One really empowering tool for both boys has been recalling favorite moments on the way to swim class.  After the first class the boys were generally happy but a bit shaky about the whole process.  We talked about how the class was and what if anything they had really liked about the class. The following week on the way to class I asked them if they remembered their favorites from the week before.  We started singing about them in the car “splashing, splashing, kicking, kicking, hello pool noodle” As the weeks progressed, the list of favorites got longer and longer and we review these in some fun way on the drive over each week.

Listening to the boys, being patient, giving the boys a chance to get to know and trust their new surroundings and new teacher has worked really well for us.  Oh, remember that the boys were worried about being hungry after class? We always make sure to bring a snack along!

So, have you tried any drop off activities with your child? How has the transition worked for your family?
Ariadne has three children, she practices peaceful, playful, responsive parenting and is passionate about all things parenting and chocolate. Ariadne is a Certified Parenting Educator and the creator of The Positive Parenting Connection <> She believes parents and children should try to have fun everyday and love life.

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7 thoughts on “Gently and Sensitively Separating for Drop-off Activities”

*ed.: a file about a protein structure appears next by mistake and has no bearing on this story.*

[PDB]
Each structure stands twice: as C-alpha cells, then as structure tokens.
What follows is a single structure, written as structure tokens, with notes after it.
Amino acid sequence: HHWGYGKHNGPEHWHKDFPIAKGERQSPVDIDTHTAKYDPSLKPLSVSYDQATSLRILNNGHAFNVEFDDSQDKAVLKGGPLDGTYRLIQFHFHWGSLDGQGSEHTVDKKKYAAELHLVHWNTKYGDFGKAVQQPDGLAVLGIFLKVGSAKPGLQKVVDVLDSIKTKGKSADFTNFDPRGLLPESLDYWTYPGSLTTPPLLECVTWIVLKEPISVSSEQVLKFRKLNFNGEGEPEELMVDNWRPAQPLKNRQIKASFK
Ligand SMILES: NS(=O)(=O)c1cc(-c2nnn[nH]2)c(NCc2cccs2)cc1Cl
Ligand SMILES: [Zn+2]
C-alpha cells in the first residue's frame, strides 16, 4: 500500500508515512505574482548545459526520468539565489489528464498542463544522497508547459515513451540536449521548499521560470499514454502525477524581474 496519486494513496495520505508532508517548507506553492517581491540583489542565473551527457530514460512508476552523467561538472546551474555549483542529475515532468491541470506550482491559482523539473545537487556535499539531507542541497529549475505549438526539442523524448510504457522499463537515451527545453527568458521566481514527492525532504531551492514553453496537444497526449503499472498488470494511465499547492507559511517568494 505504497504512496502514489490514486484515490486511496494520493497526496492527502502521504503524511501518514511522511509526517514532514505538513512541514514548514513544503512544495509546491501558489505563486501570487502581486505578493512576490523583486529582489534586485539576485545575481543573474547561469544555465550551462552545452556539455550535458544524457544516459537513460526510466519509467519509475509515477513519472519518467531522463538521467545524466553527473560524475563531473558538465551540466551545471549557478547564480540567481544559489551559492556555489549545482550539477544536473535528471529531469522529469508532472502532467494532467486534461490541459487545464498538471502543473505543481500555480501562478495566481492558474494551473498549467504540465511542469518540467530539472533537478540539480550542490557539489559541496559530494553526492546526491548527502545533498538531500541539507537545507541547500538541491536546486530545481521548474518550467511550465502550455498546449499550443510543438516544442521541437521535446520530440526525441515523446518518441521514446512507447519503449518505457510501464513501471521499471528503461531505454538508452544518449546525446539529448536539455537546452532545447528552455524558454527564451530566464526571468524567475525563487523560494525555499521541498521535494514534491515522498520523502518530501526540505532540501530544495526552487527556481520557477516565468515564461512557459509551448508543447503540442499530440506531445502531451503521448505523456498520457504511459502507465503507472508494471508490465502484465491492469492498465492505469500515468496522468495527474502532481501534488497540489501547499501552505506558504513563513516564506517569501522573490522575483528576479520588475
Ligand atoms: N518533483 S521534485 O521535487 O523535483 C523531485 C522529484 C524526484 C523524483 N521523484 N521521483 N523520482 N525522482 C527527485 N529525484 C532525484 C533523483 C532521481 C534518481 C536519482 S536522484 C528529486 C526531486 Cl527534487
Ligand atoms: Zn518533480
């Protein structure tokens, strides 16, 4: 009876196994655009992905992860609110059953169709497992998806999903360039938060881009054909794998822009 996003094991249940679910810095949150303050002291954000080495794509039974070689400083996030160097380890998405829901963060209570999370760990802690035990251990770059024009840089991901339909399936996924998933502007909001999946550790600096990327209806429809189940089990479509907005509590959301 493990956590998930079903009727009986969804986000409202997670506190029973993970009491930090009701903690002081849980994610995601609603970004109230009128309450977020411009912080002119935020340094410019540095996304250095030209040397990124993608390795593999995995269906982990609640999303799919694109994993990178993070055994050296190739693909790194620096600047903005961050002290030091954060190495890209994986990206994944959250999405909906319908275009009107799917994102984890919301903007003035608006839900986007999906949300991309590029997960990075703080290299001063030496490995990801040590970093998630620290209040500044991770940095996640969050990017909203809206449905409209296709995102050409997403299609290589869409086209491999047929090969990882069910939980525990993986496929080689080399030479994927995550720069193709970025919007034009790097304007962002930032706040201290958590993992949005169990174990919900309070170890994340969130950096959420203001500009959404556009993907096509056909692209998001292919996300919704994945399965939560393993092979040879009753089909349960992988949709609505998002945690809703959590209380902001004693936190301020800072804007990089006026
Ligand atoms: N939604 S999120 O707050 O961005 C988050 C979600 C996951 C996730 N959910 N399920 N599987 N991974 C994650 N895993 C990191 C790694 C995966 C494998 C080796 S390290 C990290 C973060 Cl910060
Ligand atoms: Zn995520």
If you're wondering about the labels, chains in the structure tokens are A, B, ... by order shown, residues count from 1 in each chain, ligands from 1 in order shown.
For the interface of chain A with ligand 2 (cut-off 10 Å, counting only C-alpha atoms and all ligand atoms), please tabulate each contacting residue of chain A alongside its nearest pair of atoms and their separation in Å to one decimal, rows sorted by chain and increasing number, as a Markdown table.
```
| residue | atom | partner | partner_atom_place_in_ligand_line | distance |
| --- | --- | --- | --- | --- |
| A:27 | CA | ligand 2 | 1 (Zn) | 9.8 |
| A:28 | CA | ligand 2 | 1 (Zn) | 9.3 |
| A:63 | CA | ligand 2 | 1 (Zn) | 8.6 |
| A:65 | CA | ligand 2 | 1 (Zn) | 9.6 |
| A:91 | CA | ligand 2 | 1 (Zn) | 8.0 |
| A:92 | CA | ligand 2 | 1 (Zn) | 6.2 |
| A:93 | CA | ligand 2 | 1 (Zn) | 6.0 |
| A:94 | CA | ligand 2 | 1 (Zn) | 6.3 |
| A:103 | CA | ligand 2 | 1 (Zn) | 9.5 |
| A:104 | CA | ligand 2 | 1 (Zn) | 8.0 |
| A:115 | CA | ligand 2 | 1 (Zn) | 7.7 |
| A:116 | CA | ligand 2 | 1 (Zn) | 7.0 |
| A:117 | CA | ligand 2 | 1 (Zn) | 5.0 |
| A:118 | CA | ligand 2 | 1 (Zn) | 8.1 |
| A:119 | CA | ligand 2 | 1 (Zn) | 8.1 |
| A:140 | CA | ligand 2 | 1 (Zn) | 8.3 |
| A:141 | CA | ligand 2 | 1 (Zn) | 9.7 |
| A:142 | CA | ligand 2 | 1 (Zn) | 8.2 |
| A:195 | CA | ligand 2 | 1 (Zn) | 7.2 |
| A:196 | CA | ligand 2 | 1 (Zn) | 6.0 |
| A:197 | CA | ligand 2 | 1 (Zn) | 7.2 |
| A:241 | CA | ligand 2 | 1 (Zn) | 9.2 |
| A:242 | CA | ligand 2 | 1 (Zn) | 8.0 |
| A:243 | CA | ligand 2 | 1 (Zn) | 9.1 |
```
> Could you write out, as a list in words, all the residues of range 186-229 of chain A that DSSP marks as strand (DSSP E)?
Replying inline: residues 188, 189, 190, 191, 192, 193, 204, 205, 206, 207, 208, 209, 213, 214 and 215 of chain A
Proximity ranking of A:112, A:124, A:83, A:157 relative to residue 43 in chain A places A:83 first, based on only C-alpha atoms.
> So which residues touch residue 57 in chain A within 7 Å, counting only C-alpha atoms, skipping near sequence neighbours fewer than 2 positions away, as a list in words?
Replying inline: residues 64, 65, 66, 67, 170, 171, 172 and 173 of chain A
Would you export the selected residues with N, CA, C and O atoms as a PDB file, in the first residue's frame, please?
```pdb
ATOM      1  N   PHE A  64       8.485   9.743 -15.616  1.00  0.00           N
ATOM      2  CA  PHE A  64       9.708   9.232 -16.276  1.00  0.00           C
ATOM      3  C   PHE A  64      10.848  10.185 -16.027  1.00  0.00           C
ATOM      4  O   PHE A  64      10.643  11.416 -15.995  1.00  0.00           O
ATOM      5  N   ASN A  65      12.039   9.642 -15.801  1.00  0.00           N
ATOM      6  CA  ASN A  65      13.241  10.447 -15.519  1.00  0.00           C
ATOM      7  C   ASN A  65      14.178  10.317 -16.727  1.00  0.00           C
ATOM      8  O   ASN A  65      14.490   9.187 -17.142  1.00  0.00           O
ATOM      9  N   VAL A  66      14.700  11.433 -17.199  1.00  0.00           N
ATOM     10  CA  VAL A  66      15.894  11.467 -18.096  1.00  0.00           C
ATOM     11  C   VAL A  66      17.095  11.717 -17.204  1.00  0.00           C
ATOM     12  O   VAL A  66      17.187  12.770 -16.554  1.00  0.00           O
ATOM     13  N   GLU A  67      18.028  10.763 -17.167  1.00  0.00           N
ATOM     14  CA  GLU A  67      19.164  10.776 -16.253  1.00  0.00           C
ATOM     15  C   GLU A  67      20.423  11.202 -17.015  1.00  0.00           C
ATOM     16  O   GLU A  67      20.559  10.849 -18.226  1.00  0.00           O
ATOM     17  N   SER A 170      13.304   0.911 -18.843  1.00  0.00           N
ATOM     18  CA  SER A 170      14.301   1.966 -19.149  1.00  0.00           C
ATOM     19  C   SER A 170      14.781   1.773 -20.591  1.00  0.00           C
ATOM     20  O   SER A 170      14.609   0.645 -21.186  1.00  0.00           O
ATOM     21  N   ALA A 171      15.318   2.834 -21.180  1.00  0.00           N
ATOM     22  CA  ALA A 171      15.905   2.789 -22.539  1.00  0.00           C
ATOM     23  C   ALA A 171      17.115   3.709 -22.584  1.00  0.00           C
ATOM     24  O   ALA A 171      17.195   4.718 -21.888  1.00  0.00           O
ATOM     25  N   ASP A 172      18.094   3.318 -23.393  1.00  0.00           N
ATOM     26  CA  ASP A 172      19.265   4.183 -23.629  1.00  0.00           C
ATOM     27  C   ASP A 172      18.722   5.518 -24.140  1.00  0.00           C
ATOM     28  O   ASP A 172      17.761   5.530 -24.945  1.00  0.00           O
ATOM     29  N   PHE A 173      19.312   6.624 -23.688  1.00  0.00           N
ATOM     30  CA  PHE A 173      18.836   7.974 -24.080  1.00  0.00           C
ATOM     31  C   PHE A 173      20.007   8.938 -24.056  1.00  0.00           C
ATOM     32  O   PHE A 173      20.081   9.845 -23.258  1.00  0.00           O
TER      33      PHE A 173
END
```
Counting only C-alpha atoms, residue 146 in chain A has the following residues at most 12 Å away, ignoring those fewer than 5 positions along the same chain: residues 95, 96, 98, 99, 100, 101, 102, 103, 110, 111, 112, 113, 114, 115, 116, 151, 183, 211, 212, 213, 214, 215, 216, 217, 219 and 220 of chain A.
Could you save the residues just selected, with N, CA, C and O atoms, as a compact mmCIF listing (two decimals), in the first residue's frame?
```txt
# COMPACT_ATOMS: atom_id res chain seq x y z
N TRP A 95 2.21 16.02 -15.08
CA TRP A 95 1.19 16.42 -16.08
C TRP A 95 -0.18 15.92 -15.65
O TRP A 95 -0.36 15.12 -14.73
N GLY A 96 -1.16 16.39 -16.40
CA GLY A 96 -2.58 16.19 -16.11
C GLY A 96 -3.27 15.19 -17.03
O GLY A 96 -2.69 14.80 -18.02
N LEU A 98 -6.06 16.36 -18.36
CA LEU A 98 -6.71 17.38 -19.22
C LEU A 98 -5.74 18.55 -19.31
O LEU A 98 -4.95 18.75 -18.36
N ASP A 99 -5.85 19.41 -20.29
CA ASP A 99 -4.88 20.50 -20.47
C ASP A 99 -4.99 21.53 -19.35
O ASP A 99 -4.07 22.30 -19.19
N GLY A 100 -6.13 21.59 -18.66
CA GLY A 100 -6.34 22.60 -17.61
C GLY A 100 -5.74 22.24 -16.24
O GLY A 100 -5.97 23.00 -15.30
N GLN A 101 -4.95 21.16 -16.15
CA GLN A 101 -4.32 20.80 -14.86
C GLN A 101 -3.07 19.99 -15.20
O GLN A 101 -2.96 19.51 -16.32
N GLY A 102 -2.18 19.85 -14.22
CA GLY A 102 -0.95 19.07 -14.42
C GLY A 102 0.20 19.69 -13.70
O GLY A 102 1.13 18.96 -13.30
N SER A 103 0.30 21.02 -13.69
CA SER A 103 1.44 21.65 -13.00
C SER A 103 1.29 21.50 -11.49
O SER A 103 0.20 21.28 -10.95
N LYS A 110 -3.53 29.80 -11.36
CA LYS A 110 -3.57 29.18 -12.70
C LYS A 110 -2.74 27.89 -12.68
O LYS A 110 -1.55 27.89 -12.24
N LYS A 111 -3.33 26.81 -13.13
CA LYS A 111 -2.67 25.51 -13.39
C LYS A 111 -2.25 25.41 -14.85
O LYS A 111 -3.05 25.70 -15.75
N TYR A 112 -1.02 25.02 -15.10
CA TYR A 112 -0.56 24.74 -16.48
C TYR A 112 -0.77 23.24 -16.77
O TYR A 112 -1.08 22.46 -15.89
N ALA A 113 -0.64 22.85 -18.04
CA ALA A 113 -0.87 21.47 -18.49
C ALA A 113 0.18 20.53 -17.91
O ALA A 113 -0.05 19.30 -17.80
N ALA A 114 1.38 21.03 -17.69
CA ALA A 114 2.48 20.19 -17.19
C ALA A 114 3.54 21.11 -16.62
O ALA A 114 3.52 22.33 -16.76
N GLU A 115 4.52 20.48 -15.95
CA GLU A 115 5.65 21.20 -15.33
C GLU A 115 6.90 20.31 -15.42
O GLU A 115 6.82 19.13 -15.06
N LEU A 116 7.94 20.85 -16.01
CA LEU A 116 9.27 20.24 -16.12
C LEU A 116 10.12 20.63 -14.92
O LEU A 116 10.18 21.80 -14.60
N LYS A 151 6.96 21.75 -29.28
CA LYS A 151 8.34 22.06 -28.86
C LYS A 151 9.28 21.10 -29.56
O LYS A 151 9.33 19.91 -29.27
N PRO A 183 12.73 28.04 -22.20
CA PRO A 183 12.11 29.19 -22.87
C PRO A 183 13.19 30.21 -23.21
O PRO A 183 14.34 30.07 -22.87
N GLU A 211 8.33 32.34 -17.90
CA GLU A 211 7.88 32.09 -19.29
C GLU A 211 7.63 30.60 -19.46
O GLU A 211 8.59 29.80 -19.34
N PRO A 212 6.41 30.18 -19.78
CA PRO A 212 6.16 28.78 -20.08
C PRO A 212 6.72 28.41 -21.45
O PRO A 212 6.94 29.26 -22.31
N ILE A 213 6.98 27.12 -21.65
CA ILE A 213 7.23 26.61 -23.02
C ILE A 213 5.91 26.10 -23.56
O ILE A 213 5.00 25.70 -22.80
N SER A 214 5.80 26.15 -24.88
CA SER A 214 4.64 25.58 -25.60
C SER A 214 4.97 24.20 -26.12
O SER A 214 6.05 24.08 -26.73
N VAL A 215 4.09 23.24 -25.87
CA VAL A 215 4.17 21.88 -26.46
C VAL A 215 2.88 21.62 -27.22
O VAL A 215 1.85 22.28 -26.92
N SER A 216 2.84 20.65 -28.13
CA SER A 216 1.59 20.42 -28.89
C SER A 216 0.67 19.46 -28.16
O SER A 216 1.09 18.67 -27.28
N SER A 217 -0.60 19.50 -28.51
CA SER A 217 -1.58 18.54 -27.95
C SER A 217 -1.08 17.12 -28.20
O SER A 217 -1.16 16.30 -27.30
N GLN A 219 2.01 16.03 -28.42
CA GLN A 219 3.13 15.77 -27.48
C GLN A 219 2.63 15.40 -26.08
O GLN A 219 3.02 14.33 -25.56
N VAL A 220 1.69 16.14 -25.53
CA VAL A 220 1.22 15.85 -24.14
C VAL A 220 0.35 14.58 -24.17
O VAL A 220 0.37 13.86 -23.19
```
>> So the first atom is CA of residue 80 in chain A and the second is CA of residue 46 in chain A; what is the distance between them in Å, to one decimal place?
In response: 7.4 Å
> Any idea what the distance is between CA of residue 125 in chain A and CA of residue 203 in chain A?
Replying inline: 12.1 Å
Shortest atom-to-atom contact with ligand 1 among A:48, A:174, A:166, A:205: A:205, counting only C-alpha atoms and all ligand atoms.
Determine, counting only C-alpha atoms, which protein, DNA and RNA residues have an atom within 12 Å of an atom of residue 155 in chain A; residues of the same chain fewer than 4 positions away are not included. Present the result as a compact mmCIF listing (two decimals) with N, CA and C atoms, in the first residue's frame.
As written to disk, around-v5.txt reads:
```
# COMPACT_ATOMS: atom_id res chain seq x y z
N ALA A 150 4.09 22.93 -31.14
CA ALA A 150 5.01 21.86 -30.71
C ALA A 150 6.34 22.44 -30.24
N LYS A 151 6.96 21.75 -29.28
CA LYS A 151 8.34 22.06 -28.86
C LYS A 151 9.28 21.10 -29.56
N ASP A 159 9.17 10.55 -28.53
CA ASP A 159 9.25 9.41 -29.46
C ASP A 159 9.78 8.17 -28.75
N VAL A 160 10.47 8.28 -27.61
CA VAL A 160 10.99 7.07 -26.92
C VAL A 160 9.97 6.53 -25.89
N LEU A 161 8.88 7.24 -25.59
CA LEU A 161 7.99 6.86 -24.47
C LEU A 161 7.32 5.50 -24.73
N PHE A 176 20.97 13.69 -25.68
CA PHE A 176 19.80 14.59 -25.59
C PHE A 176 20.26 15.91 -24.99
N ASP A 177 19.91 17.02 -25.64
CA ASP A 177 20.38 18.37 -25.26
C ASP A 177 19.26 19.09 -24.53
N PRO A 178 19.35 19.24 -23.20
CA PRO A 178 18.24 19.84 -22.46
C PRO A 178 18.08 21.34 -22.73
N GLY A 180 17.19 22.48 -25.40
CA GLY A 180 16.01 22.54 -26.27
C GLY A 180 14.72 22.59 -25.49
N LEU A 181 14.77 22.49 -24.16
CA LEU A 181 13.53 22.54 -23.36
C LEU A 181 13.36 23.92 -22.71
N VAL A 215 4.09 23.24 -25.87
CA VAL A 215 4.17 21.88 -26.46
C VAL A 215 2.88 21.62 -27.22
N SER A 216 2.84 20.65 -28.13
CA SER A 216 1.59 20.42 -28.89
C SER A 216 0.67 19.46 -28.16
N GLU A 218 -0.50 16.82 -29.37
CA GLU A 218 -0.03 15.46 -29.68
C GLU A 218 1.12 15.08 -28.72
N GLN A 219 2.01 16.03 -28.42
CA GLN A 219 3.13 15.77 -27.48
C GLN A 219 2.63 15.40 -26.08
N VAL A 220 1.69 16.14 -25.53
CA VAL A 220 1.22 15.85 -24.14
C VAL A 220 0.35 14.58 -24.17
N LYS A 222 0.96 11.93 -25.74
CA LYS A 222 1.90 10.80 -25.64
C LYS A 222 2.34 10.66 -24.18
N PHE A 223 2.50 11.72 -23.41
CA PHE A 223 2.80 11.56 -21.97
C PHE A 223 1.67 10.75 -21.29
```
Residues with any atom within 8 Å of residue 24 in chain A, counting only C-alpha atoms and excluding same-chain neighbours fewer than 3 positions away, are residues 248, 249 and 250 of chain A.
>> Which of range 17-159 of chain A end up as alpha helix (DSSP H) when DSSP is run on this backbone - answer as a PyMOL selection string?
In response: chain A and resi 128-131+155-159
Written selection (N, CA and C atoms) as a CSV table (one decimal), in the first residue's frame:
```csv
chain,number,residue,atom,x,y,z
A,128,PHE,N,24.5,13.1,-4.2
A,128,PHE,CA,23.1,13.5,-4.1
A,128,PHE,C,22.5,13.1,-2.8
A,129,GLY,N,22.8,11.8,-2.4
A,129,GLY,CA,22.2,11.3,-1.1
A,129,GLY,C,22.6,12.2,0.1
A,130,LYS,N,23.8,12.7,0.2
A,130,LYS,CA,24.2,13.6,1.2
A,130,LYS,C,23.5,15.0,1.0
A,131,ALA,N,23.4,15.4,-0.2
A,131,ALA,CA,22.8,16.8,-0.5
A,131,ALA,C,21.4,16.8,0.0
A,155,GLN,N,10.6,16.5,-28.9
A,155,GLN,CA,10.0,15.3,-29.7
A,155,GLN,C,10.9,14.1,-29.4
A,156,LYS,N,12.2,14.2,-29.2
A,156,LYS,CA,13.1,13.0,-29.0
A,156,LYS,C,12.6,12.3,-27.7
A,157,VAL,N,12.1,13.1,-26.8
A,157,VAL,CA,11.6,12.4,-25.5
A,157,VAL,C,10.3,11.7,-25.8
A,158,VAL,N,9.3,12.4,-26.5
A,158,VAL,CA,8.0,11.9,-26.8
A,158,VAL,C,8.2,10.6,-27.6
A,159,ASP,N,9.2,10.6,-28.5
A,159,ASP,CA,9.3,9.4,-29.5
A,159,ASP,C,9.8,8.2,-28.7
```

1. Awesome post! My son is still too young for drop-offs but it’s clear from his personality that they may be a challenge down the road. Thanks for your tips!

    — Not sure if you are aware, but this comment box is really wonky. If you have a typo, you have to delete all the way back to make a change, you can’t just point your cursor and correct it, at least I can’t. I’m using the latest Firefox in Windows. Very frustrating problem!

  2. Great advice. And not just relevant to toddlers – we are called upon to let go in big ways again when our children reach their teens.

    I observe some parent’s struggle with their child growing up resulting in their clinging on to their child, often so fearful of ‘what might happen’ that they restrict their children and deny them much of life’s richness. Sadly, this can teach a child that the world is a dangerous place and that they are not capable of fending for themselves.

    When a parent is very risk-averse and constantly steps in to protect their child, it becomes hard for that child to be able to assess danger for themselves. Research has shown that paradoxically these children can be at greater risk of harm in the long term, as they are less experienced at making decisions and taking responsibility for themselves.

    Then I see parents who do that delicate dance of allowing, but still worrying, counselling against threats, and then releasing their offspring to make their own way. These parents often draw on the support of other adults – parenting is more easily done in company. Your article gives a great model for how to let go of them, and help them let go of you, in a healthy way.

  3. Great post, I agree, I too believe in transitioning toddlers and preschoolers into situations where they have to be away from mum gently and sensitively. However, the reality of it here in Singapore is that saying a quick goodbye, leaving hurriedly even if the child is screaming (and very obviously not comfortable with the separation), and choosing not to respond is the norm. Most teachers and schools insist that parents do that, and they do not understand that some families want to do things differently. As a parent, parenting instinctively and listening to what my child is saying to me (maybe non-verbally) has been the only way I know how to be a mother. While I have my ideals, there has been some real limitations on my choice of school, making it all a very fine balance!